8 The road to a 2030 framework It’s not over until the lady sings… Step 1:22 Jan 2014: Commission proposals on goals These are only preliminary recommendations Step 2: March 2014: European Council political decision on goals Politicians can ignore recommendations – postponed decision to autumn Step 3: 2015: Commission drafts legislation to implement goals, spread burdens The devil is in the details And new Commissioners might have new ideas Step 4:2016-17: Parliament and Council Co-Decision on legislation The EP definitely has its own ideas Elections in Member States can mean changes of government Step 5: 2018-19: National transposition where necessary More details

9 The growth of RES, which is necessary to pursue the European decarbonisation agenda, brings a new reality to power systems 9 Decarbonisation targetsBreakdown per sector The necessary growth of RES to decarbonise the power sector implies market adaptations that have to meet two fundamental requirements of electricity customers across Europe: To maximise customers’ value for their money, RES should be developed through integrated electricity markets while keeping their costs down Customers expect that their lights stay on – security of supply is key and should also be guaranteed in a cost-effective way

10 EURELECTRIC’s proposals for a cost-efficient, market-based transition towards decarbonisation Enhancing market functioning as a “no regret” option Making RES fit for the market Making market fit for RES

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12 Thanks for your attention! Charlotte Renaud Market Unit – Advisor crenaud@eurelectric.org +32 2 515 10 55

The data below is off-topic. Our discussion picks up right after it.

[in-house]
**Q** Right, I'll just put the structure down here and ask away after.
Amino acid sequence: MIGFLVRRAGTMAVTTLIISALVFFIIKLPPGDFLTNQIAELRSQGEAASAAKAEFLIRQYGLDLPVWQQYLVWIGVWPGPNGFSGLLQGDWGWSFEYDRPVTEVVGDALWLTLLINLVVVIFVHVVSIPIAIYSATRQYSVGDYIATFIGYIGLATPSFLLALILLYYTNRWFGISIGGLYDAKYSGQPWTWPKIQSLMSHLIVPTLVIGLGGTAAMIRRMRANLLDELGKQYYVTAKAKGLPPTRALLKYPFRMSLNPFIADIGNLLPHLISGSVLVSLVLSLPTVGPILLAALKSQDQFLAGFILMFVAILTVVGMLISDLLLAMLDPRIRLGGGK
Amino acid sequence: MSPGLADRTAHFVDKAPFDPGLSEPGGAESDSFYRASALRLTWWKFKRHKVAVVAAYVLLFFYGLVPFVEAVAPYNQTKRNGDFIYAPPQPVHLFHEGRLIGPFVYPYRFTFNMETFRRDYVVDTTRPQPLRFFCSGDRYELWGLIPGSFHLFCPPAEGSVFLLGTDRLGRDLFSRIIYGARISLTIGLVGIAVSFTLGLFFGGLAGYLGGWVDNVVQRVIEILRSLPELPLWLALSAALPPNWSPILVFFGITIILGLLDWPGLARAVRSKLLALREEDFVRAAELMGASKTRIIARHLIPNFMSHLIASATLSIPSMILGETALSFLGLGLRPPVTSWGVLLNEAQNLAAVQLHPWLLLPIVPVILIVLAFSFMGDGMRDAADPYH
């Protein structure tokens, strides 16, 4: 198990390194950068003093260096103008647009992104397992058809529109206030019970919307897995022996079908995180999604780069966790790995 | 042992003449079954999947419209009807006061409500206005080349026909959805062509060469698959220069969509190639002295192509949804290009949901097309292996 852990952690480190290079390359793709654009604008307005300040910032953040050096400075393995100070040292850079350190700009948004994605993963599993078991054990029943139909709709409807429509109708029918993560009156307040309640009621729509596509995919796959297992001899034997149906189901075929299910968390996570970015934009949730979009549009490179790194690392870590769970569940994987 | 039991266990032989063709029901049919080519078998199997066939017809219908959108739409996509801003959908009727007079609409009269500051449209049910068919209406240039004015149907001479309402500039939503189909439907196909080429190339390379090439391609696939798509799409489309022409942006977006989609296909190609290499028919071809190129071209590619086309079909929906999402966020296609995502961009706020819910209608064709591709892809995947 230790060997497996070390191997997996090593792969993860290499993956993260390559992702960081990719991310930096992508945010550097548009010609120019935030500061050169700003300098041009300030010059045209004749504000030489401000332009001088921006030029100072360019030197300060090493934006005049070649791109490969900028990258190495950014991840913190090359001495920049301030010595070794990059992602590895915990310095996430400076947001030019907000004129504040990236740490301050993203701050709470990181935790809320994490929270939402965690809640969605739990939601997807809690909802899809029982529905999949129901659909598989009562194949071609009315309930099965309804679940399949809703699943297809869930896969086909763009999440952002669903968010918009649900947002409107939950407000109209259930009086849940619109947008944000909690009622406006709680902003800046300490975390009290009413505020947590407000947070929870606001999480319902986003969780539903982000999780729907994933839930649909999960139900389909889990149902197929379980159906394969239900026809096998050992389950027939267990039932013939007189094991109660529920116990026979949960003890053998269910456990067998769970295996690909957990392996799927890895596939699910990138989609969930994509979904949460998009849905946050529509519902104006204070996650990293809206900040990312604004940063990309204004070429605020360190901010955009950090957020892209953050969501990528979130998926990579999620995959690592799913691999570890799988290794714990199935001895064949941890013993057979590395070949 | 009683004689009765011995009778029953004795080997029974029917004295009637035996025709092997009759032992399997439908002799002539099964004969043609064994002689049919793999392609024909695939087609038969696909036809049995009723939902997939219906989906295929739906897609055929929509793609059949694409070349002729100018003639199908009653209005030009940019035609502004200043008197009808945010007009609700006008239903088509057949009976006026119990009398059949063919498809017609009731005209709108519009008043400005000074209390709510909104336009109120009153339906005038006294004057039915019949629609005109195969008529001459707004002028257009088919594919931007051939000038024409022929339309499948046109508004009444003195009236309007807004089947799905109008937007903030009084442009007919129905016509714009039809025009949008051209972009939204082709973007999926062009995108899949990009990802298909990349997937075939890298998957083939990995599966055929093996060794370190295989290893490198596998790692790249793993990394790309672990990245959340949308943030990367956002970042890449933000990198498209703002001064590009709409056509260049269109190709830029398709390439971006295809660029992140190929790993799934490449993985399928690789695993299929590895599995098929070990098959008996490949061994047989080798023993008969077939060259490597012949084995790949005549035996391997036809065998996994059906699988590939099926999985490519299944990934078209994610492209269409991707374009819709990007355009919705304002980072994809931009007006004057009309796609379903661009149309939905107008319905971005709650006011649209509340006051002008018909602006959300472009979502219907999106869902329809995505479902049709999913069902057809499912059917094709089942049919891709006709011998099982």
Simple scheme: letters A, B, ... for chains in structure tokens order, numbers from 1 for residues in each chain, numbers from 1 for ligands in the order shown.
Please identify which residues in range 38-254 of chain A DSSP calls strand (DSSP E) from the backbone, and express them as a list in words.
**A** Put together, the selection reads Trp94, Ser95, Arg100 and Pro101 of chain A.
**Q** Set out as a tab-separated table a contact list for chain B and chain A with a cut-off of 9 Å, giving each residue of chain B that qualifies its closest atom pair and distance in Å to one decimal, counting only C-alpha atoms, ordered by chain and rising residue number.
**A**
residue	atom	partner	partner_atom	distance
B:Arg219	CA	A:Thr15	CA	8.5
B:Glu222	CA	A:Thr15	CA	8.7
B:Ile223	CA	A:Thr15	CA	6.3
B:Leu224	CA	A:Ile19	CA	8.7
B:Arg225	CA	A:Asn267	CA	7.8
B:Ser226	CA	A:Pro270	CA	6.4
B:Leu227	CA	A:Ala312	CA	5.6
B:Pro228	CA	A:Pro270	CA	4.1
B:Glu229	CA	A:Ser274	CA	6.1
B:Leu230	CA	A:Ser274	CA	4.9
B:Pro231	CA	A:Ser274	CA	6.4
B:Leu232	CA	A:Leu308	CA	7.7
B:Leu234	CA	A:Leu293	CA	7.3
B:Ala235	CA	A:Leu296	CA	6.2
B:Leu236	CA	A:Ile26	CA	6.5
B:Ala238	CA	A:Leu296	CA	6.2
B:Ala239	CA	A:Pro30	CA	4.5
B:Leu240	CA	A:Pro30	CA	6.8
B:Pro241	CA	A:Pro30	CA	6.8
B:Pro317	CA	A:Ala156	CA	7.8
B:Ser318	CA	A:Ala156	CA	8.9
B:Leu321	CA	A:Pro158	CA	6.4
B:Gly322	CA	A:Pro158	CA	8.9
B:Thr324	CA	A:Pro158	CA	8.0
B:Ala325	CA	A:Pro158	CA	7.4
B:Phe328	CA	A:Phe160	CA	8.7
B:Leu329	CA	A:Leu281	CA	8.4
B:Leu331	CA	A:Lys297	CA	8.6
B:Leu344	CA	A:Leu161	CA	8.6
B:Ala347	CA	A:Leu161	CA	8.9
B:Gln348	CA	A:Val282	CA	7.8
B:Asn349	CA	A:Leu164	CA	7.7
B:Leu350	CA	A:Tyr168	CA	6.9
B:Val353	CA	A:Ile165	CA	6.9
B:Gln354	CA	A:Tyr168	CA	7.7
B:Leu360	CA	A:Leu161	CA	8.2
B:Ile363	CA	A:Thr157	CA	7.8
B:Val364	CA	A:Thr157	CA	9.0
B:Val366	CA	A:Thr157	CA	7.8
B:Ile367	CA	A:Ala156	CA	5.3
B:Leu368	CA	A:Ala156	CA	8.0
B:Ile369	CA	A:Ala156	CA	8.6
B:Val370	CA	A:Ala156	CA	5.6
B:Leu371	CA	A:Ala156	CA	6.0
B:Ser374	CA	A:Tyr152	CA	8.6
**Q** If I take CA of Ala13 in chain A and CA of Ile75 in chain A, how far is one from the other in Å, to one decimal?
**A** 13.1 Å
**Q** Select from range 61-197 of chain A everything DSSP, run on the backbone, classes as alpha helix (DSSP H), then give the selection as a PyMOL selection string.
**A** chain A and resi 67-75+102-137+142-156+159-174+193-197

13 Back-up slides

14 What does a 40% GHG target mean? 40% across the whole economy ETS sectors = power and energy intensive industry power sector decarbonisation signal Effort-sharing sectors = transport, buildings… agriculture etc electrification signal 43% compared to 2005 30% compared to 2005 ?% Linear factor Energy efficiency Energy labelling CO2 cars Transport in ETS?c Eco-designEPBD Stability reserve

15 ETS reforms Done: Back-loading (2014) Proposed: Market stability reserve (2021) Linear factor increase (2021) Global aviation ETS (2016) Under consideration: Include maritime transport, other transport fuels (tbc)

16 1.Short term: Surplus of 2bn-2.5bn allowances Solution: Permanent set-aside 2.Medium term: Fixed supply and demand shocks result in price volatility Solution: Supply adjustment mechanism 3.Long term: The ETS cap is not coherent with the EU 2050 goal Solution: Revise the linear factor Our view: ETS problems and reforms 3 different problems, 3 different solutions

17 Market Stability reserve Commission has identified the inflexible supply of allowances as the key item for the allowance surplus Positive: -Can support the ETS market balance in case of future economic shock -Slowly addresses the surplus -Built on simple, transparent, robust design But: -Commences 2021 -Too slow to address surplus  2030 ETS reforms are too little too late – we need action sooner!